Summer swerves to miss broken and uneven pavement. He rings his bell before overtaking a parked postal truck; the letter carrier looks up at him. He extends his left arm and moves into the left lane of Easton Road briefly before turning onto another residential street. "This is typical of a bike route. It's a low-volume, residential local street that parallels a major thoroughfare," Summer says. He's on Bike Route 280, which parallels Garland Road.

He insists that the bike route system is not for vehicular cyclists but for people who don't have the confidence to ride on major thoroughfares. He continues to distance himself and the bike route system from a vehicular cycling ideological paradise. "Our system drove him nuts...because it was so convoluted," Summer says, recalling a time John Forester visited Dallas some 15 years ago. "Because it twisted and turned and used all these back streets." Summer laughs before continuing the memory: "Forester said, 'Why don't you just get on the big street?' Because not everybody's going to do that. It's the real world, John."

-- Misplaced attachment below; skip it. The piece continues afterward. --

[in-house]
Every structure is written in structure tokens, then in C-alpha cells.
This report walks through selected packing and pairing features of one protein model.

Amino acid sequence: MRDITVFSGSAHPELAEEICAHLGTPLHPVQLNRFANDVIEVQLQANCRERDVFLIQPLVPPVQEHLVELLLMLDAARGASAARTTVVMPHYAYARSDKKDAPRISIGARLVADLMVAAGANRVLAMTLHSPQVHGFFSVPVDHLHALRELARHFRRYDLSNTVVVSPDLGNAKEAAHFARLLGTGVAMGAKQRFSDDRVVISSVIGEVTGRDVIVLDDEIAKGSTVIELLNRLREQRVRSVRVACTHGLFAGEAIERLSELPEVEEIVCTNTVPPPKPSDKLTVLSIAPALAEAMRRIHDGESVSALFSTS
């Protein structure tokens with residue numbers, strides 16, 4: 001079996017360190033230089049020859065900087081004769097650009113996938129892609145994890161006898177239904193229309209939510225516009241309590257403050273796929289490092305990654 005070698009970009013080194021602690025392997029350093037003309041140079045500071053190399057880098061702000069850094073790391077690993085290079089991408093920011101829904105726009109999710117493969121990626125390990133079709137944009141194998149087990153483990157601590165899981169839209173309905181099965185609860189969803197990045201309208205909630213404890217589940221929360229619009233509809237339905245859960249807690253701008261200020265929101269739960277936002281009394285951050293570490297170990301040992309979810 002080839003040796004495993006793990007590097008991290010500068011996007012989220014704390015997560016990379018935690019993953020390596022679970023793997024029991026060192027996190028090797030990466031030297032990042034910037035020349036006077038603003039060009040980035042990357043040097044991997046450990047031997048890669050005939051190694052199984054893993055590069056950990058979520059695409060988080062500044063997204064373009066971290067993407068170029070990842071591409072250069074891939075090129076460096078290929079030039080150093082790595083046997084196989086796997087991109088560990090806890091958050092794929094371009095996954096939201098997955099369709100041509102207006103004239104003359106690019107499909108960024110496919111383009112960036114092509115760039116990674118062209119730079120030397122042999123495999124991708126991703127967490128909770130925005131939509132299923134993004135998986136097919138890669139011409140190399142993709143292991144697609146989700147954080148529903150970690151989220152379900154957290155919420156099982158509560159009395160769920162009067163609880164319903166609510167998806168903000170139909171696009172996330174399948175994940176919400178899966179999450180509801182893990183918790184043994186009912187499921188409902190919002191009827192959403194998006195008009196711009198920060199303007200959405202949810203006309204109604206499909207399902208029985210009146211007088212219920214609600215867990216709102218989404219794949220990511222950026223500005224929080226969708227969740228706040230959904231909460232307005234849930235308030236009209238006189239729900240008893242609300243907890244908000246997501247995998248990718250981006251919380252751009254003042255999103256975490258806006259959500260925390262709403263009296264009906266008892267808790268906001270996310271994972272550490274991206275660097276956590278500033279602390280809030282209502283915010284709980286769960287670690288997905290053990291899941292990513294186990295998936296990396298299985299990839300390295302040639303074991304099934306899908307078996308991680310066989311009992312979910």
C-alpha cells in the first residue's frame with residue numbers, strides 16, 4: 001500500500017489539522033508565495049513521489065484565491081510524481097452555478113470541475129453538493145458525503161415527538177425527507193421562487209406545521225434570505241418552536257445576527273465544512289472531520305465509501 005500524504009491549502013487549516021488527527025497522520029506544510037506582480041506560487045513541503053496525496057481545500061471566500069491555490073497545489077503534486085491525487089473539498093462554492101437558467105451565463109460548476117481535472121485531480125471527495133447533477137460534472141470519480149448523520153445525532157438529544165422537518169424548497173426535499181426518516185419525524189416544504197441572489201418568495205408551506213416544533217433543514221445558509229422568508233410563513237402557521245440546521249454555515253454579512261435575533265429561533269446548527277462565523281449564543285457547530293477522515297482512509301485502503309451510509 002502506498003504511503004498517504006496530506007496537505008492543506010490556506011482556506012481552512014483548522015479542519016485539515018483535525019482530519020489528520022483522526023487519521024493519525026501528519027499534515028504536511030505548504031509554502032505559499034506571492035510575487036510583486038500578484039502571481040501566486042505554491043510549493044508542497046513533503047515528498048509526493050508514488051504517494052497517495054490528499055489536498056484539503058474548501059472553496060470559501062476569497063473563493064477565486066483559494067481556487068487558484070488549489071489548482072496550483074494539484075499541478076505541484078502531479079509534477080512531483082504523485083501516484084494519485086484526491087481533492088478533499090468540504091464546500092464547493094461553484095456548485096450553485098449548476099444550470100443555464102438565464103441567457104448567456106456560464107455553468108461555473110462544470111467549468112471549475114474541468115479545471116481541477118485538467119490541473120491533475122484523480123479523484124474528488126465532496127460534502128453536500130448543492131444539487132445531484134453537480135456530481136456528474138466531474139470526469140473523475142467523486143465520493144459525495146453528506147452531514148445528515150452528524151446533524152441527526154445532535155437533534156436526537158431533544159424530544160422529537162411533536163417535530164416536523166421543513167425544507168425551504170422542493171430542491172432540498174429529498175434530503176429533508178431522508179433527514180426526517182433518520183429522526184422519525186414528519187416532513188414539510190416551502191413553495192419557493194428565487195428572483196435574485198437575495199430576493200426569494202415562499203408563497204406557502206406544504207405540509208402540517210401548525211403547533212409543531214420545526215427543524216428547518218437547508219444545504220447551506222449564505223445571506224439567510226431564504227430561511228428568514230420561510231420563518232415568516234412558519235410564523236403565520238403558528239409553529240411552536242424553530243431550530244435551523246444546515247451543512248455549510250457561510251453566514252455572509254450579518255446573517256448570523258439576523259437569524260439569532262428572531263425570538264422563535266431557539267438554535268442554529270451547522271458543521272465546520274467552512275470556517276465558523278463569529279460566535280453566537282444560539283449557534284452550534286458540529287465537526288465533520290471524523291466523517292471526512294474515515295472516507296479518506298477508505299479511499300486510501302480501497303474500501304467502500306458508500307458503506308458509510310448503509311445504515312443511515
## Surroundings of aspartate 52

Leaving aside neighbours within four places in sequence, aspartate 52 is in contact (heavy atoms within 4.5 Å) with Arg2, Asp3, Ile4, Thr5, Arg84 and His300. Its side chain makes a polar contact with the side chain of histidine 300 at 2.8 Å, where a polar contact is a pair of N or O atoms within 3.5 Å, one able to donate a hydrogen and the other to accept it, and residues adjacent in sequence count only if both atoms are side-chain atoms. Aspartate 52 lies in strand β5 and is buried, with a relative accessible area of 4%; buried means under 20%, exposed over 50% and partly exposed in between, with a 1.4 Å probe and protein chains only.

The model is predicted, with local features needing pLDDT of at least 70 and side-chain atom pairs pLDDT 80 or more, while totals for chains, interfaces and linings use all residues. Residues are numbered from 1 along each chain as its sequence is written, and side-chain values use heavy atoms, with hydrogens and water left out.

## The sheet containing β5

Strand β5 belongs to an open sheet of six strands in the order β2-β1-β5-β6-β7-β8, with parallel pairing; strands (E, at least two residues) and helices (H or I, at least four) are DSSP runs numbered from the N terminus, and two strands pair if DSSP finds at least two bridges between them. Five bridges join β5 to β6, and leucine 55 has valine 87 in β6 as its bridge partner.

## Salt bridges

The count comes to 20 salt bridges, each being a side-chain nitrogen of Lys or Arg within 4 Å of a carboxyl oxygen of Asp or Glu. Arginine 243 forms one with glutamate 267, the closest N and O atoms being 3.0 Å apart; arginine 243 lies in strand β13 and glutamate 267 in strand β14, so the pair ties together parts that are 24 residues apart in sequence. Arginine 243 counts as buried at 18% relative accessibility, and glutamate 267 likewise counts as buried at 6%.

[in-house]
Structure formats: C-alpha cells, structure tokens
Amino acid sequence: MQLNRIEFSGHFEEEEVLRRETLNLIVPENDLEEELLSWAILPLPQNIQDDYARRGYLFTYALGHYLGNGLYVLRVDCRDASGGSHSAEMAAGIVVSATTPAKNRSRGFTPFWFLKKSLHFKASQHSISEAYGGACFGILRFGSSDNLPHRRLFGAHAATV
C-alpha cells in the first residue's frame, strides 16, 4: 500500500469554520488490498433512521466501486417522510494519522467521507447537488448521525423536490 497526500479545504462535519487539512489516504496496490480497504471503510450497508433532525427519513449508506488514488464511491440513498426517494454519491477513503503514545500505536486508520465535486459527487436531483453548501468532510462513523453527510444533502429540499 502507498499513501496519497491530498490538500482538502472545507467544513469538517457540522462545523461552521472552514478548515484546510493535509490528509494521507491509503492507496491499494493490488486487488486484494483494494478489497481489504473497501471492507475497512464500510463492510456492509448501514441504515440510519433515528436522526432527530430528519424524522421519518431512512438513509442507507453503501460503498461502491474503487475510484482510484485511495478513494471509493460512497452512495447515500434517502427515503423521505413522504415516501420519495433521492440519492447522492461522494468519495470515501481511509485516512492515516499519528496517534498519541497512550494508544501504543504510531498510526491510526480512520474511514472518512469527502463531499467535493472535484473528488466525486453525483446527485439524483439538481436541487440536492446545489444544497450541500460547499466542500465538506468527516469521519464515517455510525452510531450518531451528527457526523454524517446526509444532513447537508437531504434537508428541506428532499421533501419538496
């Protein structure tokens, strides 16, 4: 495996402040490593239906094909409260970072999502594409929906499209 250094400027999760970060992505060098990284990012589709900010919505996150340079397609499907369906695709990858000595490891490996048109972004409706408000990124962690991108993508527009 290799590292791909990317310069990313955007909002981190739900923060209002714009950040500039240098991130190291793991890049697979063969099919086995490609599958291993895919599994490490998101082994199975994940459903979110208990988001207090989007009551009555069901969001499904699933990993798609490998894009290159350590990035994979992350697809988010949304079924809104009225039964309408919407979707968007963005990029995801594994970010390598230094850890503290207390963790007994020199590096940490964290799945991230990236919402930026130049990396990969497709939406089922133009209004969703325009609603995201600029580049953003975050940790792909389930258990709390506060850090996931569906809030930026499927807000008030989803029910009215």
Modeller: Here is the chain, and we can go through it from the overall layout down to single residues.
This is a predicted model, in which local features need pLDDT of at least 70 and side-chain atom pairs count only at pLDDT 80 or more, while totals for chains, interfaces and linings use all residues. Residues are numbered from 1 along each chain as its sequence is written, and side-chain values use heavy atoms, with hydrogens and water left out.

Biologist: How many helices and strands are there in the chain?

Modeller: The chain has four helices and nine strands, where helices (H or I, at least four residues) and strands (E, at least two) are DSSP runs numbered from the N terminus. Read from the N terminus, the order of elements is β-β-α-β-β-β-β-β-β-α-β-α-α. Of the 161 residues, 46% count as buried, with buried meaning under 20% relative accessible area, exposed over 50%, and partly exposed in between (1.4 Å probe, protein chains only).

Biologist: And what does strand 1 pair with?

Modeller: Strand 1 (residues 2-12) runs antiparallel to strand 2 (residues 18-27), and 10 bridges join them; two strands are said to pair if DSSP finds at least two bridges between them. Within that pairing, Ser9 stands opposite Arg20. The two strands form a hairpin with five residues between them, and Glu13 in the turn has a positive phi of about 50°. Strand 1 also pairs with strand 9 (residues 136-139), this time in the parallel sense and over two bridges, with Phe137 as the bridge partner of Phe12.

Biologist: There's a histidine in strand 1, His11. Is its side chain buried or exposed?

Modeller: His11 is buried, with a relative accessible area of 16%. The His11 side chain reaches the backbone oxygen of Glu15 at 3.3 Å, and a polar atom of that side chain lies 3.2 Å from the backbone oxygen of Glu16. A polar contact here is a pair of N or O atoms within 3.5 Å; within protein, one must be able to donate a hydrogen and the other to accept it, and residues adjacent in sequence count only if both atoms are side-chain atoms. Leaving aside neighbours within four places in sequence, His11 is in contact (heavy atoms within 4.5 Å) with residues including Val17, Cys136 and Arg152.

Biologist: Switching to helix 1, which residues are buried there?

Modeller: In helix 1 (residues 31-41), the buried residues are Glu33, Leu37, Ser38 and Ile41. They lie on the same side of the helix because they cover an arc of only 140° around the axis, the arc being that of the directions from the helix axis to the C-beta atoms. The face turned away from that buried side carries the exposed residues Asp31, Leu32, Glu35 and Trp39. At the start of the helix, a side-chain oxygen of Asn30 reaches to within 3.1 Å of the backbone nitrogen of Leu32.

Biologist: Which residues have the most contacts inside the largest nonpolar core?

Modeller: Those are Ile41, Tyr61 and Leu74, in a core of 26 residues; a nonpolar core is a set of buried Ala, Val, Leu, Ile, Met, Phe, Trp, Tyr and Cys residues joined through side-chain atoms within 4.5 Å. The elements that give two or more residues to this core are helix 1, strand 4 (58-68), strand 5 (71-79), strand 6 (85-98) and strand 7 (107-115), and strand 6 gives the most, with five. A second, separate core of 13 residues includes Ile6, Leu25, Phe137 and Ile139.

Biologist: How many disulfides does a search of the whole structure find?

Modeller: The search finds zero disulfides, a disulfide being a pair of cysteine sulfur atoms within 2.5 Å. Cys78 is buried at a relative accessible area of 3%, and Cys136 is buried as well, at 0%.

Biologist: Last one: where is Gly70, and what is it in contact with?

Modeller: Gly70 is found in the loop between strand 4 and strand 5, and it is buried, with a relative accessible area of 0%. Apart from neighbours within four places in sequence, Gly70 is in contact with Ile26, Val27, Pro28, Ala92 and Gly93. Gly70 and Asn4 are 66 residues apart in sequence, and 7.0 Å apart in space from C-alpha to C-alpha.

But when asked repeatedly about the true basis for his opposition to bicycle lanes, how they would make him feel, Summer abandons the restraint.

Danny Fulgencio
P.M. Summer, Dallas’ former bike czar, gears up for a ride on the city’s mean streets. Traffic doesn’t faze Summer, who is a “vehicular cyclist,” meaning he insists that his two-wheeler be treated like any other vehicle on the road
Danny Fulgencio
P.M. Summer, Dallas’ former bike czar, gears up for a ride on the city’s mean streets. Traffic doesn’t faze Summer, who is a “vehicular cyclist,” meaning he insists that his two-wheeler be treated like any other vehicle on the road

It means, says Summer, that "we're going to segregate cyclists officially—officially treat bicycles as second-class transportation users."

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